Fans of the 2011 critically acclaimed Dungeon Defenders action tower defense game will NOT be disappointed with its sequel, Dungeon Defenders 2, released on Steam Early Access on December 5, 2014. For those of you not familiar with the Dungeon Defenders franchise, you control one of four heroes (many more can be unlocked with play) and you defend a certain location against waves of enemies, by using class-specific defensive towers, traps and special attacks.
You don’t do this alone either. Well you can, but where’s the fun in that? You and up to three friends can hop into a map together and fight against the enemy, level up your hero and collect loot! That’s right, not only does Dungeon Defenders 2 have tower defense elements, it has role playing elements as well, such as a classic loot-drop system and weapon/ability upgrade system.
The four classes from left to right: The Squire, armed with his sword and shield. The Apprentice, wielding his magic elemental staff. The Huntress, drawing her bow back for an attack. The Monk about to strike with his bow staff.
Players start out with the option of playing one of four classes: The Squire, Apprentice, Huntress and Monk. Players of Dungeon Defenders will note that these are the same four characters that were available in the first game, only now they are older! Dungeon Defenders 2 takes place many years after the first game, so naturally, the characters have aged appropriately. In addition to these four starting classes, players can eventually unlock 20 additional classes, some of which are brand new to Dungeon Defenders 2, with more to come I’m sure.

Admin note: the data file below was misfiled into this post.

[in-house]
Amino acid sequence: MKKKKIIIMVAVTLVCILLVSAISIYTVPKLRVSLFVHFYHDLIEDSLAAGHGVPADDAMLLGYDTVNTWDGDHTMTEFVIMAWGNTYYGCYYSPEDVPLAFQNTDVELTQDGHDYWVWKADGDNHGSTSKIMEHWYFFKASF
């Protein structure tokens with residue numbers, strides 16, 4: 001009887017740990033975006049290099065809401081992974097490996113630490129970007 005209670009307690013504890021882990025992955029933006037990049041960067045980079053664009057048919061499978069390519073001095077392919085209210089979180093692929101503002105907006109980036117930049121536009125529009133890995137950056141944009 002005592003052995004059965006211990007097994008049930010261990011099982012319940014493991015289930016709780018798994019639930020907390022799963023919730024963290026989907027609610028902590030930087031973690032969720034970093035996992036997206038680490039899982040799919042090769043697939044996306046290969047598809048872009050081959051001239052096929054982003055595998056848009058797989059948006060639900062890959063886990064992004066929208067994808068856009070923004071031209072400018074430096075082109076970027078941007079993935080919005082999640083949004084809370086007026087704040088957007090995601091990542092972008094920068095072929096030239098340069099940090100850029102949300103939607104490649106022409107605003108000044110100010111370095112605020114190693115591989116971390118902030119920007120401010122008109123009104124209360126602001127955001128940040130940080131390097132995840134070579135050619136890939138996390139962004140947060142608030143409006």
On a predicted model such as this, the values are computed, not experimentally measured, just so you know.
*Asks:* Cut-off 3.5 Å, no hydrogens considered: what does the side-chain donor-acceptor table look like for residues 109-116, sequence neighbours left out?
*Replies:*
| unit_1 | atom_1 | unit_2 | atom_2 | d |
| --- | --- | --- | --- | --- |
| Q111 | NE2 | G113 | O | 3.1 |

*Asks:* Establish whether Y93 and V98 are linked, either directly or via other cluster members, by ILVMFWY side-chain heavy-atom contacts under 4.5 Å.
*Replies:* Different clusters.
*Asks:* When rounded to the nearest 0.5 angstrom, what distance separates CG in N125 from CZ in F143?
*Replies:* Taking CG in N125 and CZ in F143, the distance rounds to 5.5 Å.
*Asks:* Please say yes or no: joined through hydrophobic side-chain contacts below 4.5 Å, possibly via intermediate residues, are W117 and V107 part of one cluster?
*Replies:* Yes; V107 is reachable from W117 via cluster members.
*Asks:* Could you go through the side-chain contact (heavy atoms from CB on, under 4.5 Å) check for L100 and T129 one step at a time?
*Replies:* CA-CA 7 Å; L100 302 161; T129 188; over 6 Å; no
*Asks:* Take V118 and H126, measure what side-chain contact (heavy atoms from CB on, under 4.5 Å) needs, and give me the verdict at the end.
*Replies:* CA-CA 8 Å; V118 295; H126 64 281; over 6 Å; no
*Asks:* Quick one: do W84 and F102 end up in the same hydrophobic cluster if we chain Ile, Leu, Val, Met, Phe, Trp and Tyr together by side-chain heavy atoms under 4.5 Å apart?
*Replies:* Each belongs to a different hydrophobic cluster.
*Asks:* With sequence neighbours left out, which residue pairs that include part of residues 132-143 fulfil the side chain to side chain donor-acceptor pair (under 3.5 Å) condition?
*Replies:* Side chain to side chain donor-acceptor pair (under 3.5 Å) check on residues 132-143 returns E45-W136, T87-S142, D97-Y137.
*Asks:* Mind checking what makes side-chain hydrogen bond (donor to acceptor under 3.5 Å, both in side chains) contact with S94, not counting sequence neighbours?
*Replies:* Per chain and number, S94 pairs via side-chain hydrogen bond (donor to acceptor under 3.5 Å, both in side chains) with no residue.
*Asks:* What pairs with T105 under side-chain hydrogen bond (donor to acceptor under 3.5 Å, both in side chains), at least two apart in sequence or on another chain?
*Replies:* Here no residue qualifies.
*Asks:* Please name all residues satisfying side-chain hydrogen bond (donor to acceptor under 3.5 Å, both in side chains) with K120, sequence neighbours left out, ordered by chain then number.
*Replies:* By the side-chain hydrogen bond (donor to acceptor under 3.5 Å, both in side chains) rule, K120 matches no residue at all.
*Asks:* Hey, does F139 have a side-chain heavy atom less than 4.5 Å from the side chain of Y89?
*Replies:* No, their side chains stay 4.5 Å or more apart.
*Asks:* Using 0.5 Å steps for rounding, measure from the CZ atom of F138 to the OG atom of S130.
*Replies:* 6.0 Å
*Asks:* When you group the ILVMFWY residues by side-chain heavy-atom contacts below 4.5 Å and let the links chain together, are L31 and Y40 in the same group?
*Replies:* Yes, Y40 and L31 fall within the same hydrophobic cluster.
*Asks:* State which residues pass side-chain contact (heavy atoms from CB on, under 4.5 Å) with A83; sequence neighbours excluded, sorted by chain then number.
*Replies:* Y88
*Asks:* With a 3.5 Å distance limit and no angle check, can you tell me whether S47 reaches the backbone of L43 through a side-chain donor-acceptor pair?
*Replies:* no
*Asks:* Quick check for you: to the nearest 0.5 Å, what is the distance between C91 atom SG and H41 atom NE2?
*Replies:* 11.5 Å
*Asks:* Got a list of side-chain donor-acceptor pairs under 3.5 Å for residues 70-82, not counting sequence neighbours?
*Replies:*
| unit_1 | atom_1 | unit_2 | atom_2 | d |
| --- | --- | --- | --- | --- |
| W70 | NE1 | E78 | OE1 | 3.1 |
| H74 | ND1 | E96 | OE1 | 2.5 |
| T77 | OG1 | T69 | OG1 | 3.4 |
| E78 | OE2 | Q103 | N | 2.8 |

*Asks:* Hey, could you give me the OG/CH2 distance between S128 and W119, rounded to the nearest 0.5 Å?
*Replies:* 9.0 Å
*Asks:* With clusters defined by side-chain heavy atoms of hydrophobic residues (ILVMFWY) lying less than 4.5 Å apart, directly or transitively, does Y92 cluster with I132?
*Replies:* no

Making a character and hopping into a match is super easy. You select a class and named them and you’re good to go! Players can also have up to three heroes available in their Hero Manager, so if you need to swap to a different class of attacks, you can do so with ease. After players make their hero in the Hero Manager machine, they can start playing immediately. You just walk over to the War Recruiter, select the level range you want to play in and select find a group. If you don’t feel like playing with others, you can just select Private Game save Eternia yourself!
Here is a shot of the in-game HUD. Teammates and health are in the top left. Abilities and towers/traps are at the bottom. Mini-map, wave number and current number of enemies incoming are in the top right.
When you load into your game you have a brief period of time where you can get a lay of the land, set towers/traps and devise your strategy of attack…or defense rather. Once you have adequately armed the battlefield in your favor, you can end your grace period early and start the match. Once the match begins you essentially run lane to lane, downings enemy after enemy not only with your auto attacks but specific characters as well. Every character has four class abilities and four towers or traps. You must use them wisely if you hope to properly defend your point. Sometimes things can get pretty crazy out there, but you just have to have awareness and properly fortify the battlefield in between each wave of enemies. As enemies fall, many will drop sweet, sweet loot you can equip in between waves as well, or keep them to sell or upgrade later.
Combat in Dungeon Defenders 2 felt very intuitive. You move with WASD keys, jump with space bar, cast your hero abilities with 1-4 and set down towers/traps with 5-8. The rounds are fun and light-hearted but can get pretty intense as well, especially if you’re playing solo. Some enemies have defenses against certain types of attacks, such fire, ice or even just physical and magical. So if you don’t have a teammate that diversifies your attacks, you’re gonna have a hard time. The towers and traps do help though. A lot. They can even be upgrade to have more health and hit harder. Upgrading towers and traps is the key to late game victory.
Here is some of that sweet, sweet loot I mentioned.